More than one homeowner has surveyed the living room or family room on the morning after a social gathering or family event to discover spots where guests have sloshed beer or wine into the carpet. Wine is often the more difficult stain, but both beer and wine are easier to remove when they are still wet. Once beer and wine have dried, however, removal becomes more complicated. But rest assured that both beer and wine stains can be removed with the right cleaning products and techniques.
Removing Beer Stains from Carpeting
If you happen to spot the beer spill when it is still wet, immediately blot up the liquid using a white cloth or paper towels, and take pains to get up as much of the liquid as you can. You may even find it possible to remove virtually all of the beer before it can set into the carpet fibers. But with either wet beer or dried beers stains, follow these steps:
- Once you've blotted up as much as possible, mix a solution of 1/3 cup white vinegar and 2/3 plain water. Pour the vinegar/water solution into a clean spray bottle.
- Spray the solution onto the stained area once or twice, then blot up the solution using paper towels or a white cloth.
- Repeat the process until all the solution has been used up and all moisture has been blotted up.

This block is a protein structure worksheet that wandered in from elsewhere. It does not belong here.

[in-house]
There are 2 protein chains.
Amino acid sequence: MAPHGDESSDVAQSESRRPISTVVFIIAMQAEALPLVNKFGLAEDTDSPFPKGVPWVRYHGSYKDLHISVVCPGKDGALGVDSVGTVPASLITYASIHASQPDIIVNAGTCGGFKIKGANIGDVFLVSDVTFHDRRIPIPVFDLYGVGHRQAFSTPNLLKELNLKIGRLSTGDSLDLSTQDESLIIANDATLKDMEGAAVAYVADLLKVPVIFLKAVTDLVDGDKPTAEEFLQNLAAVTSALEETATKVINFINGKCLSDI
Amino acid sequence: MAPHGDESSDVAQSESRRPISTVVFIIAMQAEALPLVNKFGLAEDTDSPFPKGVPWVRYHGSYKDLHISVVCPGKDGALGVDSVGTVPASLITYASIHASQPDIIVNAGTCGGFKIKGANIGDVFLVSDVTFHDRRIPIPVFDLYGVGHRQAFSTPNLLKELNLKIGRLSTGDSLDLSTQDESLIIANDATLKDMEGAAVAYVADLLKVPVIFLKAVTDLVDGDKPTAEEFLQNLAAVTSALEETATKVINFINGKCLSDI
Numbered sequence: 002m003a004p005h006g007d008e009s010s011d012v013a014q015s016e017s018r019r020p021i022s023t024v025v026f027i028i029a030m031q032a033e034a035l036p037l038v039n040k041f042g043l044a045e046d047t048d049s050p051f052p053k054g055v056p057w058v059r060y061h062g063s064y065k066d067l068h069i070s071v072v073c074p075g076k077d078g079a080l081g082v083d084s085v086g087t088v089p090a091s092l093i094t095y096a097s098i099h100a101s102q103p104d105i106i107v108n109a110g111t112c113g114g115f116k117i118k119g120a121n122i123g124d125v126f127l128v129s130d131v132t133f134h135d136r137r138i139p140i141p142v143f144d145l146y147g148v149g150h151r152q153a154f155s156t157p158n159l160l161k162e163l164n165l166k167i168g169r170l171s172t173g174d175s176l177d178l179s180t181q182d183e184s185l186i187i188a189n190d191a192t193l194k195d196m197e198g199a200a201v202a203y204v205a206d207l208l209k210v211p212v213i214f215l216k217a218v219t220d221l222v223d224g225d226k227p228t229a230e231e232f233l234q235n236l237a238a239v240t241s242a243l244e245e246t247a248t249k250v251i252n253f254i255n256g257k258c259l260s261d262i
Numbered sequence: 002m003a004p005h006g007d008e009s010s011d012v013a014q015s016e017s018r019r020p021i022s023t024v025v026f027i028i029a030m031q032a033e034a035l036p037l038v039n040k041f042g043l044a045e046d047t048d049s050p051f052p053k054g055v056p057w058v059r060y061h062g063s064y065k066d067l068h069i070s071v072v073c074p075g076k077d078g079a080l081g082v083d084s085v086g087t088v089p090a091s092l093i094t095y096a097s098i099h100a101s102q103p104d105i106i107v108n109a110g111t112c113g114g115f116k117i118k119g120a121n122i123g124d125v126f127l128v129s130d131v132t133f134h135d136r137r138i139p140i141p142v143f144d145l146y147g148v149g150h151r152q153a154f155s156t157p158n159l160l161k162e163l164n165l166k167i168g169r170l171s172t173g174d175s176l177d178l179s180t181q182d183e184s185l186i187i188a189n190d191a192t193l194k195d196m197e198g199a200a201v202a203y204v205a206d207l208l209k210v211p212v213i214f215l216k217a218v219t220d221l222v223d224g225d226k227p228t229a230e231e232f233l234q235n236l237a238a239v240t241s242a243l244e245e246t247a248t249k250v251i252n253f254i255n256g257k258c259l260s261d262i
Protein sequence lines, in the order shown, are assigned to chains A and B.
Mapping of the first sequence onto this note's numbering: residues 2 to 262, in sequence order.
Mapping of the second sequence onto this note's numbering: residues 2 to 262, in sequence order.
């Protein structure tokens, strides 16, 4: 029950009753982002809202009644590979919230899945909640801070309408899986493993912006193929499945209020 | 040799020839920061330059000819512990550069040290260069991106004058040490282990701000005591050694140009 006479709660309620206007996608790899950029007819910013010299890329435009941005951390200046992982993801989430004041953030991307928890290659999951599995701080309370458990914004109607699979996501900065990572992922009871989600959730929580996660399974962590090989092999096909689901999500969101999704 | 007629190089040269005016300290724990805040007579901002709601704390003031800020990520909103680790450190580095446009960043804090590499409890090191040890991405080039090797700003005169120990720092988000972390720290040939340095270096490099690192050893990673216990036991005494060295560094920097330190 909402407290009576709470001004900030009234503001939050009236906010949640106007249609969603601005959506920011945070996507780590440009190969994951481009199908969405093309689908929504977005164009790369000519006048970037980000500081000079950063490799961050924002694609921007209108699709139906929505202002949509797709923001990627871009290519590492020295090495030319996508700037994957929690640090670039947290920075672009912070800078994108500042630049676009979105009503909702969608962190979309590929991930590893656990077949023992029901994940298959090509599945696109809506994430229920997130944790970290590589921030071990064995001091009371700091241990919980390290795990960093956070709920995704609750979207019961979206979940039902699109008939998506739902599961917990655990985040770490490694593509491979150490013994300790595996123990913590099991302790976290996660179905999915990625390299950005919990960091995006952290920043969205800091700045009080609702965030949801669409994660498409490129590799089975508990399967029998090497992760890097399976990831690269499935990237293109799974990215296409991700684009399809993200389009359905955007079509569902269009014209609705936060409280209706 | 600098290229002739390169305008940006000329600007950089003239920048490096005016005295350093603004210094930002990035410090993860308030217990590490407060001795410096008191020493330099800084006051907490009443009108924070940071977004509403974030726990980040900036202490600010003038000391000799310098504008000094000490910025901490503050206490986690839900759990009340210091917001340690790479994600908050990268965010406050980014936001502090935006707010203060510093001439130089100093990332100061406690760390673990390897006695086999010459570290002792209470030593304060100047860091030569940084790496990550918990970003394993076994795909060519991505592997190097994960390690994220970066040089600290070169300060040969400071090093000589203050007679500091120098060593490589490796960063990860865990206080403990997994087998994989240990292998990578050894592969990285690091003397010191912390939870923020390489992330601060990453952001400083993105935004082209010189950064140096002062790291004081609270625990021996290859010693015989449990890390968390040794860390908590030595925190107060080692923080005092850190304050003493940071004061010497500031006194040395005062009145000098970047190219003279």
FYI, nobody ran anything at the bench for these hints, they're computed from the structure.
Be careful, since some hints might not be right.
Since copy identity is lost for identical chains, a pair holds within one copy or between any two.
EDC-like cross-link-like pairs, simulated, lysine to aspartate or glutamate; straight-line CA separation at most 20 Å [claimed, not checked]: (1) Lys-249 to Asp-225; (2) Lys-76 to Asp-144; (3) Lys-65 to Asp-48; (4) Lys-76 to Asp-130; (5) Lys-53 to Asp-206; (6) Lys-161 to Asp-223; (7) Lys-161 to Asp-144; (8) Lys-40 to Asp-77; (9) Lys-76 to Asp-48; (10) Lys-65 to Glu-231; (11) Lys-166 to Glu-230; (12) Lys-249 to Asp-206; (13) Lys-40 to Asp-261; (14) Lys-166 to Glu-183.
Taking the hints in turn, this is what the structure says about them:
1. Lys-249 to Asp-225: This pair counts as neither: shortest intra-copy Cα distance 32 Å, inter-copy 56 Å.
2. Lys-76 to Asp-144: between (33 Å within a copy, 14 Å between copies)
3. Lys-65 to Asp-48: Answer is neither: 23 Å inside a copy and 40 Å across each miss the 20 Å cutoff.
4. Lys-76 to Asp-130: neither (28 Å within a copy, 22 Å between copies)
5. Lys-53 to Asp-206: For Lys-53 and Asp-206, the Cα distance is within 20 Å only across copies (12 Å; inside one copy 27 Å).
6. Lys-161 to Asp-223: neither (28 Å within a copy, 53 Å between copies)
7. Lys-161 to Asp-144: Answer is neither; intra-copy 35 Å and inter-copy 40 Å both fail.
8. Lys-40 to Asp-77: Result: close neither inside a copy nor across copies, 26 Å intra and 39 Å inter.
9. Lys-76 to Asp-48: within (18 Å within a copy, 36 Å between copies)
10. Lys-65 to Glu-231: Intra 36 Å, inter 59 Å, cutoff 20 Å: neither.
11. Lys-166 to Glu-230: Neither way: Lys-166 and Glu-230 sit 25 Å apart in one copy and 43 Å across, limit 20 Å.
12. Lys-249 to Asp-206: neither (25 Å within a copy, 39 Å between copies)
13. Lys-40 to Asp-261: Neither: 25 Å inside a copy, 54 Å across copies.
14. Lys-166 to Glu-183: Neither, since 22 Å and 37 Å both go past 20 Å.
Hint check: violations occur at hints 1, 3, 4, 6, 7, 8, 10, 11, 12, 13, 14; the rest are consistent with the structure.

- Next, take one cup of warm water and mix a few drops of plain, unscented, dish-washing detergent into it. Mix this thoroughly, and then dribble a small amount onto the stained area. Using a clean white rag, dab at the moistened area until dry, then repeat. Continue to do this until all of the detergent solution has been used up.
- When the detergent solution has been completely blotted up, apply a small amount of warm, plain tap water to the area and then dab it dry.
- If the smell of beer is still present, you can sprinkle a little bit of carpet freshening powder over the area. Then place a fan over the wet part of the rug in order to rapid dry it. Once it is completely dry and free of cleansing agents, use a vacuum to remove any excess detergent or carpet powder.
Removing Wine Stains From Carpeting